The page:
[an error occurred while processing this directive] Celebrating Five Years of Pushing Comix Forward [an error occurred while processing this directive] [an error occurred while processing this directive] [an error occurred while processing this directive] [an error occurred while processing this directive]
My name is Mike Sterling, and I sell comic books for a living.
THINGS AND STUFF
In my experience, it's the rare comic shop that only carried comic books. It'd be nice if I could get by selling comics, only comics, and that's it...but a little diversification never hurts, so long as the items are reasonably related. (We had a store across the street several years ago that sold both guns and lingerie. Yes, really.) So for this month's column, I thought I'd go over some of the product lines we have in our shop, plus a few that we no longer handle.
Here are the items that we currently carry:
NEW COMIC BOOKS: Well, duh. Can't hardly be a comic shop without 'em (though I've been in a few stores that have tried). We try to carry darn near everything, coming as close to a "full line" comic shop as is feasible. Maybe we don't have every single new comic on the shelf, but we're a whole lot closer than those shops I've seen that describe themselves as "full line," then mention how they skip over most of the independent companies when it comes to ordering time.
Of course, there are some comics that I can't blame anyone for not wanting to carry. But, I guess if people want X-Men, we'd better stock it.
OLD COMIC BOOKS: Boy howdy, we've got a lot of them. I realize this is more the exception than the rule nowadays, as more and more stores move toward the trade paperback model (more on that in a moment), but quite frankly, I like having lots of old comics around. Plus, the fact the fewer stores deal in old comics means more customers coming to us for them.
If you want to read more about my thoughts on back issues, may I refer you to a previous "Behind the Counter" column?
MAGAZINES: Well, with a Barnes & Noble and a Borders both within spitting distance of our shop, carrying magazines can be a bit tough. I can always tell when one of those stores managed to get the new Heavy Metal before we did, since our copies will then gather dust on the shelf. Fortunately, though, we manage to beat them to the punch about 95% of the time. Other media mags, like Starlog and Fangoria, used to do well for us, but I think with the advent of internet fandom news sites, with which our clientele is more likely to be familiar, sci-fi and fantasy mags suddenly find themselves slightly redundant.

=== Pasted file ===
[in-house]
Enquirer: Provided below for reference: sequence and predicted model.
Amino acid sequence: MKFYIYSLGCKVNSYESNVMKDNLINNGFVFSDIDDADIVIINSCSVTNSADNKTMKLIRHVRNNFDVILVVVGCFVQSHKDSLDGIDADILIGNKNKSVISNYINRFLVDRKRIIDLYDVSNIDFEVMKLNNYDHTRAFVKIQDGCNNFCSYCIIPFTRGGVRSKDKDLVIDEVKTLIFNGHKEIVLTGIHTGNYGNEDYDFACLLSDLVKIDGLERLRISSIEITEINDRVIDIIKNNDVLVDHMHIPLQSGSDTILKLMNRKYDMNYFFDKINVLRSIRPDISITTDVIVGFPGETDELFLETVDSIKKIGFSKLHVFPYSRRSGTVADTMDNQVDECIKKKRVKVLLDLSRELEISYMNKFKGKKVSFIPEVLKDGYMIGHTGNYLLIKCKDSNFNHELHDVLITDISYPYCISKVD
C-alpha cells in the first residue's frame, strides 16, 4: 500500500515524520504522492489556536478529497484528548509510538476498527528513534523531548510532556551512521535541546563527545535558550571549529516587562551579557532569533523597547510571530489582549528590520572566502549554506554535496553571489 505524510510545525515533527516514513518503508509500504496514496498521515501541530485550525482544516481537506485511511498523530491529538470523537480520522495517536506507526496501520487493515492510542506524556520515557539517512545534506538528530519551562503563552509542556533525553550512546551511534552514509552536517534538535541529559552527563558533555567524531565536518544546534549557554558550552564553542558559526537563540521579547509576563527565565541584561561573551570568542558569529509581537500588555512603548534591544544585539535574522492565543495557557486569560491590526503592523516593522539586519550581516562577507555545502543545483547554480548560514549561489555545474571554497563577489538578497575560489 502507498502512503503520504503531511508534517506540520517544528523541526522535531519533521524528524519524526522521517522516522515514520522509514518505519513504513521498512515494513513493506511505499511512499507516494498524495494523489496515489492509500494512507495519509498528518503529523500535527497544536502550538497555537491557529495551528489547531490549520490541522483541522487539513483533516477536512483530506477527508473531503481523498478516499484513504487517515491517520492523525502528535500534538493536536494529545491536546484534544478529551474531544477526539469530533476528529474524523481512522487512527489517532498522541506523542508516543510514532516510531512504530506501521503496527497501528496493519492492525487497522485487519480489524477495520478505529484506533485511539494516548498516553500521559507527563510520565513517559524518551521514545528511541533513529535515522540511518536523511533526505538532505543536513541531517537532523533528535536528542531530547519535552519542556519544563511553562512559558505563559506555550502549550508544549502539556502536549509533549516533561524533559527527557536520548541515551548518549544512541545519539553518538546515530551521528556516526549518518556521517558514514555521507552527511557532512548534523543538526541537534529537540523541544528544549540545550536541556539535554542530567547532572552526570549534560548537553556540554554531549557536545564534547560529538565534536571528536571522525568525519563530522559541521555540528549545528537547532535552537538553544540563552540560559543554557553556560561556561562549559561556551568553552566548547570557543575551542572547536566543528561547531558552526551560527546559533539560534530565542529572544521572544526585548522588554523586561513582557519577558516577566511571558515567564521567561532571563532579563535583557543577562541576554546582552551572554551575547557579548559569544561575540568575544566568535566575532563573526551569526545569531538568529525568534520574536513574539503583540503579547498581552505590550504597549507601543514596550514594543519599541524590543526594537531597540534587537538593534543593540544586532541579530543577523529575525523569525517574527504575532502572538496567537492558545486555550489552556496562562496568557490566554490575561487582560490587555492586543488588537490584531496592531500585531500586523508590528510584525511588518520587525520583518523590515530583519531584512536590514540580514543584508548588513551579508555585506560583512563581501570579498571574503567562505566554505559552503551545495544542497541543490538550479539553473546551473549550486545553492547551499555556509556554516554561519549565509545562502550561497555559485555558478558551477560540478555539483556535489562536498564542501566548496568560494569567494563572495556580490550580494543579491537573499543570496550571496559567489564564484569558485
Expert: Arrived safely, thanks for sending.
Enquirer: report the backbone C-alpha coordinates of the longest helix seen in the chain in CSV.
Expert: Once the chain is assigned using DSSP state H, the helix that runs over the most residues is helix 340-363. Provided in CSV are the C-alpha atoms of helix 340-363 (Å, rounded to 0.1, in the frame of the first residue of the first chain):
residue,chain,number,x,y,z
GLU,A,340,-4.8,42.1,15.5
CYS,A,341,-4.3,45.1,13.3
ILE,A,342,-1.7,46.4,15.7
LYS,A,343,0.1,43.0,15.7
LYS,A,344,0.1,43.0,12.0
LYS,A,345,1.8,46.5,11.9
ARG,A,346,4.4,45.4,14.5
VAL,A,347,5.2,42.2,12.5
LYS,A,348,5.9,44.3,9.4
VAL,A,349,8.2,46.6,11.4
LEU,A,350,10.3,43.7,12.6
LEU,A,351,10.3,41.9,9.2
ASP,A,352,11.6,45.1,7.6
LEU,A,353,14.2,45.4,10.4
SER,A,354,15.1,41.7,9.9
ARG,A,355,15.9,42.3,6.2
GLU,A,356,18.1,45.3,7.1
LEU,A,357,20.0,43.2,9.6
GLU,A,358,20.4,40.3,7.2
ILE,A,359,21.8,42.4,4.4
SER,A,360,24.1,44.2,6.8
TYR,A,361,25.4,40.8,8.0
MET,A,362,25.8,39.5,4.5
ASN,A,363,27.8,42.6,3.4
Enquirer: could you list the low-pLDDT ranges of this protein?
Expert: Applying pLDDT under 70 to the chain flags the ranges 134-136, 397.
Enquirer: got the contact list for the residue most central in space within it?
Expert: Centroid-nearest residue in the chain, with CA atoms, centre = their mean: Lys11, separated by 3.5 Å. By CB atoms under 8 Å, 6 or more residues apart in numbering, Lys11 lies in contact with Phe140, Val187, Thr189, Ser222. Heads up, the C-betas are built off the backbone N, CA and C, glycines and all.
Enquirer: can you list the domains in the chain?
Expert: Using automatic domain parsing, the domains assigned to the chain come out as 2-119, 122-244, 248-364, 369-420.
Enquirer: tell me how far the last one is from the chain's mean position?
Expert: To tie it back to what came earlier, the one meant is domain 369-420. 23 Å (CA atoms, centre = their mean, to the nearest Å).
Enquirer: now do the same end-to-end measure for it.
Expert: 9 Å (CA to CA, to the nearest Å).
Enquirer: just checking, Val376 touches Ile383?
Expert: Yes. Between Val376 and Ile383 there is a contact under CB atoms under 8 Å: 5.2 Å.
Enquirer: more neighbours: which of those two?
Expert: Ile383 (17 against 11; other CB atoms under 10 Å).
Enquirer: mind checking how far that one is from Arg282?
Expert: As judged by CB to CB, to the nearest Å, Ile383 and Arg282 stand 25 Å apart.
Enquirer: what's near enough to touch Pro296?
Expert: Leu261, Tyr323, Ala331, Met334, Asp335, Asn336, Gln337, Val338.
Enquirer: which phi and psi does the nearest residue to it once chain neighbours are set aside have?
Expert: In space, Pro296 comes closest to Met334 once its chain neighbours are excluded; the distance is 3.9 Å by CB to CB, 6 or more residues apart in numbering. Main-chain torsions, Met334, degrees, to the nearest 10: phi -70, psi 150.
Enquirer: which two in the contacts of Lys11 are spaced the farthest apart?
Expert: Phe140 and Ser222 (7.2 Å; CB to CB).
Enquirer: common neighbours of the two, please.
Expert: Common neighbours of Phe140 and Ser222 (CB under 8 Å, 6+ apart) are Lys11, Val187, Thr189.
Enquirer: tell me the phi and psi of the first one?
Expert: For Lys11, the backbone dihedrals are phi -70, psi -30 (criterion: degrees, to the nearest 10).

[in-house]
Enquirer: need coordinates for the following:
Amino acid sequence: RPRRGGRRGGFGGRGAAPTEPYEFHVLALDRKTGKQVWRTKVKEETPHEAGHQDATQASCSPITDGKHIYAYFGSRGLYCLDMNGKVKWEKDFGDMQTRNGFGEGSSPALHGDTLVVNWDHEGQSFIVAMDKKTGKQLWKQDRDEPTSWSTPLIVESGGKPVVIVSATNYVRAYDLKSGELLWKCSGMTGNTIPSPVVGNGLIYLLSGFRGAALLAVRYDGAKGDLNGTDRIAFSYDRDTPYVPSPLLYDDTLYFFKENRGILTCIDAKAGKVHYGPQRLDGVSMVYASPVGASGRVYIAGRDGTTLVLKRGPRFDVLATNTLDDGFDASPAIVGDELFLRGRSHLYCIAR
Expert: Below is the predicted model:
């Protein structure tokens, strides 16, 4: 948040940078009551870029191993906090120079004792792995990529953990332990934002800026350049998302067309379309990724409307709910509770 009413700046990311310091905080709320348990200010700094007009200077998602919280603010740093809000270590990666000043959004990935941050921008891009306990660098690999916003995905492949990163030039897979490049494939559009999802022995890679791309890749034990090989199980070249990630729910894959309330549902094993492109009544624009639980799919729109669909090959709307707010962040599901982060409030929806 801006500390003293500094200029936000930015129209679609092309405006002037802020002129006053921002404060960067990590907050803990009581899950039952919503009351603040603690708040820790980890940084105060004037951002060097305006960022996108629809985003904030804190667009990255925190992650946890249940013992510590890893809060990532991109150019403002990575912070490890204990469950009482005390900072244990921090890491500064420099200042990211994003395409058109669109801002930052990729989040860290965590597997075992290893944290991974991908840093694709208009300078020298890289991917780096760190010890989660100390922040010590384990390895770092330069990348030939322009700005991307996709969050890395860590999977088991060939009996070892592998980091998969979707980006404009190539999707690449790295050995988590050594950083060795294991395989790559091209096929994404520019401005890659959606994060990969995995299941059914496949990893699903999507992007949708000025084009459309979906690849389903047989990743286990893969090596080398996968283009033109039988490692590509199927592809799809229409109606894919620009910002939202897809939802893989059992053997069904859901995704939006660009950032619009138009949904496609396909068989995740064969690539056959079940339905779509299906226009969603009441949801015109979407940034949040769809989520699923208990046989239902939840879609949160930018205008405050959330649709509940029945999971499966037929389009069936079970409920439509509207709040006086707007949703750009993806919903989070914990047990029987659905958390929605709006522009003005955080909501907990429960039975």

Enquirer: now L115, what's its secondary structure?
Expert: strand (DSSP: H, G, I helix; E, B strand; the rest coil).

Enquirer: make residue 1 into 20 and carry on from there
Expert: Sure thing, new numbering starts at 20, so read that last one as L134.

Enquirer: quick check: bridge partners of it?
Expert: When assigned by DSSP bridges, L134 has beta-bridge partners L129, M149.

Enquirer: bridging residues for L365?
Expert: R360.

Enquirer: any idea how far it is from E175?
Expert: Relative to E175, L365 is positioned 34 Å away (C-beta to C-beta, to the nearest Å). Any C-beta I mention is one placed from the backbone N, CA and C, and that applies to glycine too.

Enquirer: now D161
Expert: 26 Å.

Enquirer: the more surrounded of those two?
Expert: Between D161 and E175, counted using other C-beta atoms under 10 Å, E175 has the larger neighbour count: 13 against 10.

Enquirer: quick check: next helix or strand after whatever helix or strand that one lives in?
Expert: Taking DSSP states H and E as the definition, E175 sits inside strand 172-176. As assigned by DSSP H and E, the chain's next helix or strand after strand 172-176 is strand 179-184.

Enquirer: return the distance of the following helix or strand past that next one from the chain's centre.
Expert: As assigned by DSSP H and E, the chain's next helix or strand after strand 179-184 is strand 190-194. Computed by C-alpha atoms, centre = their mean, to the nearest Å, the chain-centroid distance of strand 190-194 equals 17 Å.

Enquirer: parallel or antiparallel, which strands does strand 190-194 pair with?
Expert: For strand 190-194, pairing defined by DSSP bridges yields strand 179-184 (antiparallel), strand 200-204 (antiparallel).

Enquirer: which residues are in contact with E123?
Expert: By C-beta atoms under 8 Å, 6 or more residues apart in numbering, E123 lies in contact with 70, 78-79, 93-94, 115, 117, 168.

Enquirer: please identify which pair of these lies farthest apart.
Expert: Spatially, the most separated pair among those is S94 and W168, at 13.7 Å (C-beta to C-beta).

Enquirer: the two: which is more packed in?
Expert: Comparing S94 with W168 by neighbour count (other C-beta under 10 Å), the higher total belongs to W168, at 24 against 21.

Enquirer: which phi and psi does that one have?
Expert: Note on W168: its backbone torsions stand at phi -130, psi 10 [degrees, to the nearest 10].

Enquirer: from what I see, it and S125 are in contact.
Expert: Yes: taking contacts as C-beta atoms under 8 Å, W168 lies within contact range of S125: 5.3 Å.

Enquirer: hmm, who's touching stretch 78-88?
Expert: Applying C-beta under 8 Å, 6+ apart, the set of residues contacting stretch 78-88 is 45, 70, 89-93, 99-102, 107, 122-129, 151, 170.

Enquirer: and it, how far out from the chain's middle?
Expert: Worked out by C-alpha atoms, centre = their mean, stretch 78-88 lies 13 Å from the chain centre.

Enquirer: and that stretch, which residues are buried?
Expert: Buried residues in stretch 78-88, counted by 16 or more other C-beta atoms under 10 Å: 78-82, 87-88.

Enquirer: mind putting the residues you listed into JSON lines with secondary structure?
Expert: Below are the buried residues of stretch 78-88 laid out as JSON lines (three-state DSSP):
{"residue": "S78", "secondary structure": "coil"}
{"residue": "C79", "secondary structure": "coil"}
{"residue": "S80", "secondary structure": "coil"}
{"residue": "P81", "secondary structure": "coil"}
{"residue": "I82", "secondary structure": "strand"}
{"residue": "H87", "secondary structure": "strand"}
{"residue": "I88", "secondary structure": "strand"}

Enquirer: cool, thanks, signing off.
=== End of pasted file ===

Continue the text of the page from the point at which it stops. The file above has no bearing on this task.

GRAPHIC NOVELS / TRADE PAPERBACKS: Whether you like it or not, this is where a good portion of the marketplace is headed. As unit prices increase on the staplebound periodical books, many comic fans are preferring to wait to get their storylines in more sizeable chunks. Even if the cost of the graphic novel is equal to, or even greater than, the total costs of the comics reprinted therein, the perceived value appears higher. A $15, 144-page graphic novel just plain seems like a better deal than six $2.50 comics.
And, of course, as resistance drops to higher-priced squarebound reprint books, original graphic novels have proliferated and succeeded as well. Graphic novels and trade paperbacks have gone from being novelty items to being a large percentage of our store's business. I don't believe the monthly books are ever going to go away, but collections and original graphic novels have firmly established themselves as an important alternative.
MANGA: I don't like to separate this out from "graphic novels," but the increased impact of manga on the comics market necessitates singling it out. The convenient size, the even more convenient price points (usually $7.95 to $9.99), and the wide-ranging subject matter make these attractive to non-traditional comic fans...i.e. young women. The rush to jump on the manga bandwagon has flooded the market with more titles than I know what to do with, and there is a bit of a learning curve in determining which titles to keep a backstock on and which to happily sell through on, but it's worth it to widen our customer base.